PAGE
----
Emmys: Seth Meyers cautiously optimistic for ratings success

Host Seth Meyers participates in a panel for the

Host Seth Meyers participates in a panel for the "The 66th Primetime Emmy Awards" at the Television Critics Association NBCUniversal Summer Press Tour in Beverly Hills, California July 13, 2014. (REUTERS/Danny Moloshok)

Bill Harris, QMI Agency

, Last Updated: 2:45 PM ET

The Emmys are this week, but if you're looking for them on Sunday night, you'll find pre-season football instead.

The 66th annual Primetime Emmy Awards will be held on Monday. Aug. 25 – yes, that's right, not only in August, but a Monday – and broadcast live on NBC and CTV.

“Look, no matter what happens, I'm so excited for the network to spin the numbers (ratings) on Tuesday,” Emmys host Seth Meyers said.

“I hope it's not relevant, I really do. And the reality is, it doesn't matter. How I approach the show is going to be the same.

“But I don't think we'll ignore it. I think everyone who will be at the Emmys will be aware, and that's the most important thing, because your job (as host) is to keep the energy in the room up. So I think that will be a thing that everyone there will be hyper-aware of.”

The reason the Emmys aren't being held on a Sunday in September, as has been the norm in recent years, is because of NBC and the NFL. The Emmys rotate between the big networks in the U.S. (although they remain a constant on CTV in Canada). This is NBC's year, but NBC has a ratings behemoth known as Sunday Night Football. The Emmys wisely shy away from Labour Day weekend, and with the NFL season starting on Sept. 4, the whole month of Sundays in September is pooched.

So August it is, but the Emmys weren't even marquee enough to knock a pre-season NFL game between the Cincinnati Bengals and the Arizona Cardinals off NBC's sked.

Funny, isn't it, how TV has become way more important in terms of its overall product, but sometimes the networks treat the Emmys ceremony like an unwanted houseguest.

Maybe it's time the Emmys moved to cable TV, where most of the best shows are anyway?

Future aside, Meyers – formerly of Saturday Night Live and now the host of Late Night with Seth Meyers - will try to navigate these choppy waters this year.

“Any time you do one of these things, you're as lucky as the year you're doing it,” Meyers said. “I feel sometimes there are Oscar years where you just realize there's no big movie, and it's just an impossible job for a host.

“I feel certainly the most ready I've ever felt, but I think I'd feel more ready a year from now as well. It's great to be able to do a monologue every night. That has been so helpful for approaching something like this. I'm happy I hosted the ESPYs a couple of times. I'm happy I did the White House Correspondents' Dinner. Because I think my skill set is always going to be in the monologue and understanding how much work you have to put into getting a really good monologue to open a show like this.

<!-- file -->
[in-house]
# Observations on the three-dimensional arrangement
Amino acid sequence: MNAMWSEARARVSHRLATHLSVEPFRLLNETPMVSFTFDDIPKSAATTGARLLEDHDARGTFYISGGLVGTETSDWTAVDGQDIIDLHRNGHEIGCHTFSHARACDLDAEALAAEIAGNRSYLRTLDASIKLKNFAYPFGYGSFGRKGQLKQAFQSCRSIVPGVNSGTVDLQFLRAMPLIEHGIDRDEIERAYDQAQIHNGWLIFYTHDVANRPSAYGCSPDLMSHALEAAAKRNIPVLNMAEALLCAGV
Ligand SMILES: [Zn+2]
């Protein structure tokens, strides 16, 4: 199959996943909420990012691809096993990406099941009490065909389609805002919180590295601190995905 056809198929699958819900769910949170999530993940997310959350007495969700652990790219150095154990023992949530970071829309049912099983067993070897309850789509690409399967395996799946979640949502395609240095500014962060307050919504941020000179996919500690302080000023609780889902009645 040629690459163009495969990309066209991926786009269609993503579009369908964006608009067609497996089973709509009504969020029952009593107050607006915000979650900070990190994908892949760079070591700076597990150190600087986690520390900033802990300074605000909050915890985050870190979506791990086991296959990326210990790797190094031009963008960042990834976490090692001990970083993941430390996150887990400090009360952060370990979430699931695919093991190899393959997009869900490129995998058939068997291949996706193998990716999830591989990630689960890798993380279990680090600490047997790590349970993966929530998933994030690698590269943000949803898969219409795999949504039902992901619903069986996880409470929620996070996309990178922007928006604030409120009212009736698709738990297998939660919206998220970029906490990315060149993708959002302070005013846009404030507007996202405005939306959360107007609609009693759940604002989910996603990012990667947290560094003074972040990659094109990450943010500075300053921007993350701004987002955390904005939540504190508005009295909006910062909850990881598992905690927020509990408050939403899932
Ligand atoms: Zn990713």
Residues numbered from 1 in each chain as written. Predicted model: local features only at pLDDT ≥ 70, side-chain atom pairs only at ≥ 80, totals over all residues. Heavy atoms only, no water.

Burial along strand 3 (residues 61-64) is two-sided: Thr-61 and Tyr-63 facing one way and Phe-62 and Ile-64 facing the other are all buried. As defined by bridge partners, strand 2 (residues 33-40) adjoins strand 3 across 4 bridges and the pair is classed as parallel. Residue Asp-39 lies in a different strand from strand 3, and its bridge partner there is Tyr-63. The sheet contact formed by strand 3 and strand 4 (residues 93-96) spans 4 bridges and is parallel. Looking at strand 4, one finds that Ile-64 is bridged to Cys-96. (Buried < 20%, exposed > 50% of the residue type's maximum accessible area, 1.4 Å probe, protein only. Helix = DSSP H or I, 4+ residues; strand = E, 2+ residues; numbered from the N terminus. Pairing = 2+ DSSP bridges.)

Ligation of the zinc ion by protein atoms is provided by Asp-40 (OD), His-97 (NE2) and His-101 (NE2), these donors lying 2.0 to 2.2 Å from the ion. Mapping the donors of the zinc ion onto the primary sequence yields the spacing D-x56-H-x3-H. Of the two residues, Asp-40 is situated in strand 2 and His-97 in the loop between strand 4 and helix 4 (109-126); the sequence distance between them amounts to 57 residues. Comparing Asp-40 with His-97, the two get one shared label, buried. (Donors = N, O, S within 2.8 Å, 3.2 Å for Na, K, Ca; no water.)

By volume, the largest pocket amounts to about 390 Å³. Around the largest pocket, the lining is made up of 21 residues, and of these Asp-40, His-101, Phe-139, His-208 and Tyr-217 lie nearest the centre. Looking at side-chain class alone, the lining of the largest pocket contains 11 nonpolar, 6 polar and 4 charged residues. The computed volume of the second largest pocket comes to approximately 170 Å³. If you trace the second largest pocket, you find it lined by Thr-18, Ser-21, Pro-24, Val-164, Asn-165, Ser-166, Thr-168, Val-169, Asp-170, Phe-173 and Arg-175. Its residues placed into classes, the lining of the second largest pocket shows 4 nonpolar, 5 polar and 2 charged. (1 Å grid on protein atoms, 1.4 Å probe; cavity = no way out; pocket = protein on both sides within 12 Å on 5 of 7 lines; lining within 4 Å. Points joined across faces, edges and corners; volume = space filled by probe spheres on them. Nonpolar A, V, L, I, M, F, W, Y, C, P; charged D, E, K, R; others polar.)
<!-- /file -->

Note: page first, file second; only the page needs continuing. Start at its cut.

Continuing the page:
“The monologue at the ESPYs (the first time he hosted) was really fun. I remember having a joke about how the ESPYs was a combination of sports and celebrity, which makes it like a Kardashian's bedroom. And then cutting to Reggie Bush, and getting a laugh out of him, which was really nice. But the first time I did the ESPYs was three days after the first LeBron James decision (2010). So it was a perfect time to be doing a monologue about sports. And then I did it the next year (2011), and it just wasn't as rich a year. So you are at the mercy of what's going on.”

The man who precedes Meyers weeknights on late-night TV is Jimmy Fallon, another SNL alumnus who now hosts The Tonight Show. Fallon hosted the Emmys back in 2010, so Meyers was asked if the two of them have spoken about it.

“We haven't talked much (about the Emmys specifically), but I would say the best way to learn from Jimmy is to watch his example,” Meyers said. “I was at the Emmys that night, and I will say that I thought Jimmy built the Emmys perfectly around his strengths. He and I have different strengths, but I will try to sort of adopt that model. The thing you are allowed to do as the host is to make it the kind of show that you think you can do the best job at.

“I'm limited by the fact that I can't sing or dance. So I have to tell jokes, and the monologue is the best place to tell jokes. Having been a nominee and a guest of the Emmys in the audience, that first 10 minutes is the best time to get the audience to laugh, because as the night progresses, more and more people are disappointed. So you want to be out there when it's hopeful and optimistic, as opposed to coming out sort of in the last hour and saying, 'Hey, I want to try some new material now that you guys are bummed out and want to be drinking.' ”

Drinking on a Monday night? It is Los Angeles. Hey, why not?

“To have something different (the Emmys taking place on a Monday) actually makes it more fun as a host,” Meyers said. “Whether or not that helps with the actual ... ”

Seth Meyers' voice trailed off. Tune in Monday for the philosophical ending to that sentence.

 

Twitter: @billharris_tv

Bill.harris@sunmedia.ca


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